Ghostface Killah

    Apollo Kids


    For a very brief period between Wu-Tang Clan’s 1993 debut, Enter the Wu-Tang (36 Chambers), and his solo debut, 1995’s Ironman, Ghostface Killah was a pop star. His Ironman even hit number two, the highest chart position for a Wu-Tang album until 1997’s Wu-Tang Forever gatecrashed at number one. Ghostface has never recovered, spending an increasing amount of his time complaining about his album sales (he lashed out at his MySpace friends after 2008’s excellent Big Doe Rehab didn’t move a lot of numbers), desperately trying for a crossover hit to even fewer units (2009’s R&B experiment, Wizard of Poetry), and generally carrying on like an unappreciated, put-upon genius.      


    But what makes Ghostface so special, and so vital, long after his Wu-Tang brothers have faded into irrelevance (Raekwon excluded), is the fact that his music is so staunchly anti-commercial. This is a guy who can’t be trusted to rap a straight song in his life. Instead, he’s about lyrical abstraction, a veritable hip-hop William Burroughs cutting up strips of his own life and placing them in the context of hip-hop verses. Even though it’s a stone-cold classic (and maybe the best hip-hop album of all time), try explaining Supreme Clientele to someone. What is it about? It’s not easy to describe. Ghostface’s best works are down-the-rabbit-hole trips through a world of dealers, sex, violence, groupies, and corners, not full of easily reciteable bars that can be recreated by the kids from Glee.


    Which leads us to this: The recently released Apollo Kids (a title that serves as a callback to Supreme Clientele’s most recognizable single) isn’t going to be the pop re-deliverance that Ghostface has been hoping for on his Twitter. Instead, it’s a winding, oft-thrilling album that splits the difference between the dusty soul samples of Pretty Toney and the stream of consciousness of Fishscale. It’s also his best album since the latter.


    Ghost has staked the commercial prospects of Apollo Kids on lead single “2Getha Baby,” which is entirely indicative of how far afield this guy is; it’s a great song, to be sure, but imagining this being slotted between Drake and Trey Songz on Hot 97 is a laugh. It’s built on hard-charging, come-on heavy verses that feature Ghost telling a woman he’ll “spank that ass like Papi Chulo” and saying “this is that Jimmy Neutron, baby,” over a soul sample that seems incomplete. Ghost often seems like he’s out of time, reaching the cue for the chorus mid-sentence, cutting off in time for the dusty blares of the sample to hit. It’s vintage Ghost, on an album full of cuts like it.


    The soul production on Apollo Kids is probably what most people had in mind when Def Jam announced that Ghostface would be doing an “R&B album” for Wizard of Poetry, with dusty drums, hearty backbeats and crackling vocals samples being as important as Ghost’s lyrics. This approach yields great results on late album cut, “Ghetto,” a bouncing, vintage East Coast rambler built on an obscure Marlena Shaw sample. The legendary Pete Rock provides soul man screams and vintage breakbeats on “How You Like Me Baby,” a classic, only-in-New York beat that could have been from 1980 just as easily as 2010.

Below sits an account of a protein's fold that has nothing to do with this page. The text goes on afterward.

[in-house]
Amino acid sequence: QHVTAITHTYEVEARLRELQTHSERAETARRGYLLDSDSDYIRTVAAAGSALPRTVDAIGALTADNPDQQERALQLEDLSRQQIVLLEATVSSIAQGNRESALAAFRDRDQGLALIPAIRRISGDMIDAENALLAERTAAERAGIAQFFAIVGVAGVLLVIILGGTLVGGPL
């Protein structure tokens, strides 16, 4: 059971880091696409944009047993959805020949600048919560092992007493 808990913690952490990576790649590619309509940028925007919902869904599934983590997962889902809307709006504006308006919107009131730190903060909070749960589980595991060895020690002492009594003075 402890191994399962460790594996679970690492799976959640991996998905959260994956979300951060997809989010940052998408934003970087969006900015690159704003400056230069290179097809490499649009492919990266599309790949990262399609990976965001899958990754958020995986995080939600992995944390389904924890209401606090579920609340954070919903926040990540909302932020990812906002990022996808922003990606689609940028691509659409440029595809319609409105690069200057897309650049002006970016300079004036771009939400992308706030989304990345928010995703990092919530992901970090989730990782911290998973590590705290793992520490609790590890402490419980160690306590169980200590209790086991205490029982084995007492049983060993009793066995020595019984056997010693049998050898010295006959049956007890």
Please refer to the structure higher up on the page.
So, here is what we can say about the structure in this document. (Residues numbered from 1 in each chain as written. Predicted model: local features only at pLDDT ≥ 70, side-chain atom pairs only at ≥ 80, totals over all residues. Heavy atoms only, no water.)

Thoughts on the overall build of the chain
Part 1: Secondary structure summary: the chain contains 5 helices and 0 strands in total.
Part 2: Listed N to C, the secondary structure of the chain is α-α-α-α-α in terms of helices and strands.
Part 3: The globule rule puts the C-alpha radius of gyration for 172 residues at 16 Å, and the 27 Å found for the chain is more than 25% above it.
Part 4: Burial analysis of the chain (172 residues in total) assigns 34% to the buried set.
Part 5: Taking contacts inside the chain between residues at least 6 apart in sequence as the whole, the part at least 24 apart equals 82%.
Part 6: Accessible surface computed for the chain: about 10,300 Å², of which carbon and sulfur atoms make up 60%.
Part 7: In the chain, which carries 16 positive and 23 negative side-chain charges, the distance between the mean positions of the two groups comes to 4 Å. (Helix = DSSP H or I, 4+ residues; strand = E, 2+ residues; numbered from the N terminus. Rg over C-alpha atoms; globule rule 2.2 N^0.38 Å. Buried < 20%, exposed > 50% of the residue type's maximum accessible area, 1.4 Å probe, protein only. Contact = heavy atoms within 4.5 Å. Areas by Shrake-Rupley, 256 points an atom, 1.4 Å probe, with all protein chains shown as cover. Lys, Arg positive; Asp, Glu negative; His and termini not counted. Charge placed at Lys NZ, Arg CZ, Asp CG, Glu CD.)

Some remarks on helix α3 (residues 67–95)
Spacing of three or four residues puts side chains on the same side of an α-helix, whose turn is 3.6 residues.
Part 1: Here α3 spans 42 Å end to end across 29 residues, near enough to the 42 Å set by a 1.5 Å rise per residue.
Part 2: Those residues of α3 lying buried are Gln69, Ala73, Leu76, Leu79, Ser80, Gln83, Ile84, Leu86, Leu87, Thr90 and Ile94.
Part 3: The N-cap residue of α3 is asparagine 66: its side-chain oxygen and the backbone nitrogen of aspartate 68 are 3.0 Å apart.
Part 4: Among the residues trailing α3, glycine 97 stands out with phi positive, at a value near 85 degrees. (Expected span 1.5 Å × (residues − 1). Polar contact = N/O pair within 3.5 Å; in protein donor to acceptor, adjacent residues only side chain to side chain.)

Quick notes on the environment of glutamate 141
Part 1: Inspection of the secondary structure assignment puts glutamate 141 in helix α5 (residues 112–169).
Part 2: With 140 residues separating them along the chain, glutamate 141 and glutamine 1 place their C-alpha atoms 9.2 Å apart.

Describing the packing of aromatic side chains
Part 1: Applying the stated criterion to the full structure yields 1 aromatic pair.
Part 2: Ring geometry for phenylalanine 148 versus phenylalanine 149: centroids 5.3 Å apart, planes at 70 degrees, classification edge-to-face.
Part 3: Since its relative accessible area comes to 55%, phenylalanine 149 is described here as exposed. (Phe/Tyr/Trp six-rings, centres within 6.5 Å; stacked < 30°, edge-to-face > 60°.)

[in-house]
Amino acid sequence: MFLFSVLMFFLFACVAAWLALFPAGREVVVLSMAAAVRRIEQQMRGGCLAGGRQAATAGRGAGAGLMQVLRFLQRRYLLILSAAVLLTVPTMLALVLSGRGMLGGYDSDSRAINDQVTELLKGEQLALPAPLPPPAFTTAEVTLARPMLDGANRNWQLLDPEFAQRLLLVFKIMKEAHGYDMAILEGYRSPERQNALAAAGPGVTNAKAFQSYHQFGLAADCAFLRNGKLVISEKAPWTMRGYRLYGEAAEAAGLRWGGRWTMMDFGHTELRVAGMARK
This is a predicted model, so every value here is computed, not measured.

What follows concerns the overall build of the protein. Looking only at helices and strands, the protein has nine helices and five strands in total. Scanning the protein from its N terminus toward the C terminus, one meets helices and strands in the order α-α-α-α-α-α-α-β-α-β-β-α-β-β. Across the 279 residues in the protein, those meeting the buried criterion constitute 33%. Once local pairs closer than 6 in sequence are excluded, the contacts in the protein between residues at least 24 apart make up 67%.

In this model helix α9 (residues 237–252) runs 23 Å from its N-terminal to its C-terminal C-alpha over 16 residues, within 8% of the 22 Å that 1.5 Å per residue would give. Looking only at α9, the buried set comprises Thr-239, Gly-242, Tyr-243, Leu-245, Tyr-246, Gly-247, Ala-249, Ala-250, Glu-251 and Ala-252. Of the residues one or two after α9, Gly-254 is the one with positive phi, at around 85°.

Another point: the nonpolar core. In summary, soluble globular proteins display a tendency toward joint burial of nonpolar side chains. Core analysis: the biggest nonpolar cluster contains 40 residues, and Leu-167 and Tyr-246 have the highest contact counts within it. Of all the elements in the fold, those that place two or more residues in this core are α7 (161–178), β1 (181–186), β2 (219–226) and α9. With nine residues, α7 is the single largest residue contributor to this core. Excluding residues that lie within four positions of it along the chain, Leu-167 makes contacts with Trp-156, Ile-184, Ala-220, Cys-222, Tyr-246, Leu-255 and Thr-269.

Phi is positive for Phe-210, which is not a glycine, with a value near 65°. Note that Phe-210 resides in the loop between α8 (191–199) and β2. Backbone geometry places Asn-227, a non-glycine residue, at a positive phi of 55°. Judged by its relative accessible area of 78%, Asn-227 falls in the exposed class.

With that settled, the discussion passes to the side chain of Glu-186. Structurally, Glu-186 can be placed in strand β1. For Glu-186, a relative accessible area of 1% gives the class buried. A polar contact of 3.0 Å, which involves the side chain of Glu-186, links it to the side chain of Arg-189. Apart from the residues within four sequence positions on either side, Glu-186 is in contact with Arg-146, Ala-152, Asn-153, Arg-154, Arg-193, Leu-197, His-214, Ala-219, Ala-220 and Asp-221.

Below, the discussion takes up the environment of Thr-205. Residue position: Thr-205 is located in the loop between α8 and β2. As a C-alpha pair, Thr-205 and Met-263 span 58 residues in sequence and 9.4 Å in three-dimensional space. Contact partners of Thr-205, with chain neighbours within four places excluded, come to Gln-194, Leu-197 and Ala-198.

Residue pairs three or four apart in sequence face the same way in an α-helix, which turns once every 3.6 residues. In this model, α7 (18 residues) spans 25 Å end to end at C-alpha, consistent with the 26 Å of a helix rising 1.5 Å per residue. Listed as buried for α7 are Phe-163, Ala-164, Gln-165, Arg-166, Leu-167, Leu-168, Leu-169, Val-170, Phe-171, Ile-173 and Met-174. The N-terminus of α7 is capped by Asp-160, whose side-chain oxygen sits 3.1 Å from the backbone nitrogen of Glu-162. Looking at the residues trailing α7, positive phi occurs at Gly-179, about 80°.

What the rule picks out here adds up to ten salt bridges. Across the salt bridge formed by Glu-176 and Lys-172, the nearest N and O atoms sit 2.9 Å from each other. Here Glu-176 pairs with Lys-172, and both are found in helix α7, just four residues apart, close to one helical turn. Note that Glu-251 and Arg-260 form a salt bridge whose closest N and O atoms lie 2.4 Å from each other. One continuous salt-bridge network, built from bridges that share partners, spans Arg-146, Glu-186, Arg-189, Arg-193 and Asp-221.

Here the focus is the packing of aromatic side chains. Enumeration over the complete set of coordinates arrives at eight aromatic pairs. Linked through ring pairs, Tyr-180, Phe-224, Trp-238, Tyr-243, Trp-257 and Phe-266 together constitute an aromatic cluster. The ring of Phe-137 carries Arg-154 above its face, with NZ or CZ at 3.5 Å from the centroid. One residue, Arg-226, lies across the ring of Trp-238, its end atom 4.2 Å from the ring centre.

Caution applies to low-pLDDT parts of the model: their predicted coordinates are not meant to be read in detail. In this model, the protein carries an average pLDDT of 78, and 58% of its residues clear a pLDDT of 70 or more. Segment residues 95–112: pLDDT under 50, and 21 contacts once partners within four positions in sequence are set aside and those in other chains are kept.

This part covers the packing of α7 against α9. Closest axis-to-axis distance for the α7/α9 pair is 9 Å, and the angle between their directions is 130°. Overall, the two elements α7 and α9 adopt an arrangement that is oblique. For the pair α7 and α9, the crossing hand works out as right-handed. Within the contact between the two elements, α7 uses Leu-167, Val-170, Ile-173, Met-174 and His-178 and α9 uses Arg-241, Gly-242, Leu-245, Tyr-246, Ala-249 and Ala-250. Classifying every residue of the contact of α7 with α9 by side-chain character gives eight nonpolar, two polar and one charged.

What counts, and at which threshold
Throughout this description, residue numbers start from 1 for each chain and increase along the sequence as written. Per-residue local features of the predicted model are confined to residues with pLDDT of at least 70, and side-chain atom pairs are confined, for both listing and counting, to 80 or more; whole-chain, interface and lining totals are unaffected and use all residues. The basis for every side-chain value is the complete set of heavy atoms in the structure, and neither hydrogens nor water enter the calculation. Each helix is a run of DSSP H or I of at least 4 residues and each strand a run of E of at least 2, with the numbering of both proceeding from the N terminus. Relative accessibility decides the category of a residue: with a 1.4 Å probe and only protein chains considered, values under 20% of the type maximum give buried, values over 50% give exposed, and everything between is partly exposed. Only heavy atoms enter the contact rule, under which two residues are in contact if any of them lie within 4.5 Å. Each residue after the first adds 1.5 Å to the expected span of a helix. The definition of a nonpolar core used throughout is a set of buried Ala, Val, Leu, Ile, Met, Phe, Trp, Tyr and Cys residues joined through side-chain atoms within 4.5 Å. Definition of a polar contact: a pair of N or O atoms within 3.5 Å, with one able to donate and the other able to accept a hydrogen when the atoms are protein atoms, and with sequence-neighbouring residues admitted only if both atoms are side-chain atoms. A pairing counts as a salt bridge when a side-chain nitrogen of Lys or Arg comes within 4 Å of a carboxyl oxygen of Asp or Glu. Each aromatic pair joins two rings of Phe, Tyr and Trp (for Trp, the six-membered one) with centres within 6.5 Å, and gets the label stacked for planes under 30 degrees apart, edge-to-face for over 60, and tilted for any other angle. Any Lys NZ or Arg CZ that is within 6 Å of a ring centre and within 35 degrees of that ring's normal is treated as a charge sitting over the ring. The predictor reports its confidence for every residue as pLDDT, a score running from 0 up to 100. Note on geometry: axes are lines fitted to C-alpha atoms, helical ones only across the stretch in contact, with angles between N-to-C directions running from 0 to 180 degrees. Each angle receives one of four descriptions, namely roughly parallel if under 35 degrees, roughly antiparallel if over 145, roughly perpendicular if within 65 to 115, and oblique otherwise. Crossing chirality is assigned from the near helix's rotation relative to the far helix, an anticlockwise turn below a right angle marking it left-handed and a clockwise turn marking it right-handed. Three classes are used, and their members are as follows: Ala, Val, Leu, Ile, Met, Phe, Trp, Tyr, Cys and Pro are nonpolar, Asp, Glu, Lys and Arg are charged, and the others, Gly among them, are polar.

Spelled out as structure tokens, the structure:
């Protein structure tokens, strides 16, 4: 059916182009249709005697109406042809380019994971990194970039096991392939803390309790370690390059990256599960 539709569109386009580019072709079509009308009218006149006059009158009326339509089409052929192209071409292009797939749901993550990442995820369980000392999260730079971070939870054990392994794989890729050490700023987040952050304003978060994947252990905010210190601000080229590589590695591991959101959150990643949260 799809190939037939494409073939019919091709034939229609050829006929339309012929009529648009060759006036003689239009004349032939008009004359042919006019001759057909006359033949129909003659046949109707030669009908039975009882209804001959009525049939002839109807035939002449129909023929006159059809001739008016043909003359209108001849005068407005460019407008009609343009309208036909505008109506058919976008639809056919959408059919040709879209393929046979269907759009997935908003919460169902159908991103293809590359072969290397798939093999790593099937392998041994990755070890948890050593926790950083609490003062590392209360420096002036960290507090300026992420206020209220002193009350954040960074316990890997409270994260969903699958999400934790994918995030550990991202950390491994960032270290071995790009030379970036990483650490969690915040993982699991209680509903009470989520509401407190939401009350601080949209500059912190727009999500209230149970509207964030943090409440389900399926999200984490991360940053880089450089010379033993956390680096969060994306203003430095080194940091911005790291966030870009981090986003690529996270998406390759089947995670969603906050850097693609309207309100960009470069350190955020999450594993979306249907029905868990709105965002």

Like a lot of recent Wu-Tang albums, Apollo Kids is often dependant on the strength of its guest appearances. The guest verses run the gamut from fun (Raekwon, Method Man and Redman on the delirious “Troublemakers”), awful (Jim Jones’ typically lazy verse on “Handcuffin’ Them Hoes”), sleepy (Joell Ortiz and The Game on “Drama”), head-scratching (Sheek Louch, Wiggs & Sungod one “Street Bullies”), to vintage (GZA and Killah Priest on “Purified Thoughts” and Raekwon, Cappadonna & U-God on “Ghetto”). But there’s one truly transcendent guest verse on Apollo Kids: Black Thought’s wild, verbose, hip-hop history verse that name-checks everyone from Schooly D to Jazzy Jeff, and has Thought shouting “If you don’t like how I’m living, then fuck you.” If this isn’t enough for an A&R guy at Def Jam to pressure Thought for a solo album, then nothing is.     


    If hip-hop fame and radio plays were built on quality, like Ghostface has always assumed, then Apollo Kids would be blowing up something fierce right now (and “Da Mystery of Chessboxin’” would get played on Vh1 Classic instead of “I’ll Be Missing You”). But Ghostface can rest easy in the fact that Apollo Kids shows that the drop in quality on Wizard of Poetry was just temporary, and amongst rappers who are 40-years-old or older, he’s the definite champ. There aren’t even many graying rockers making art as vital as Apollo Kids, radio play or not.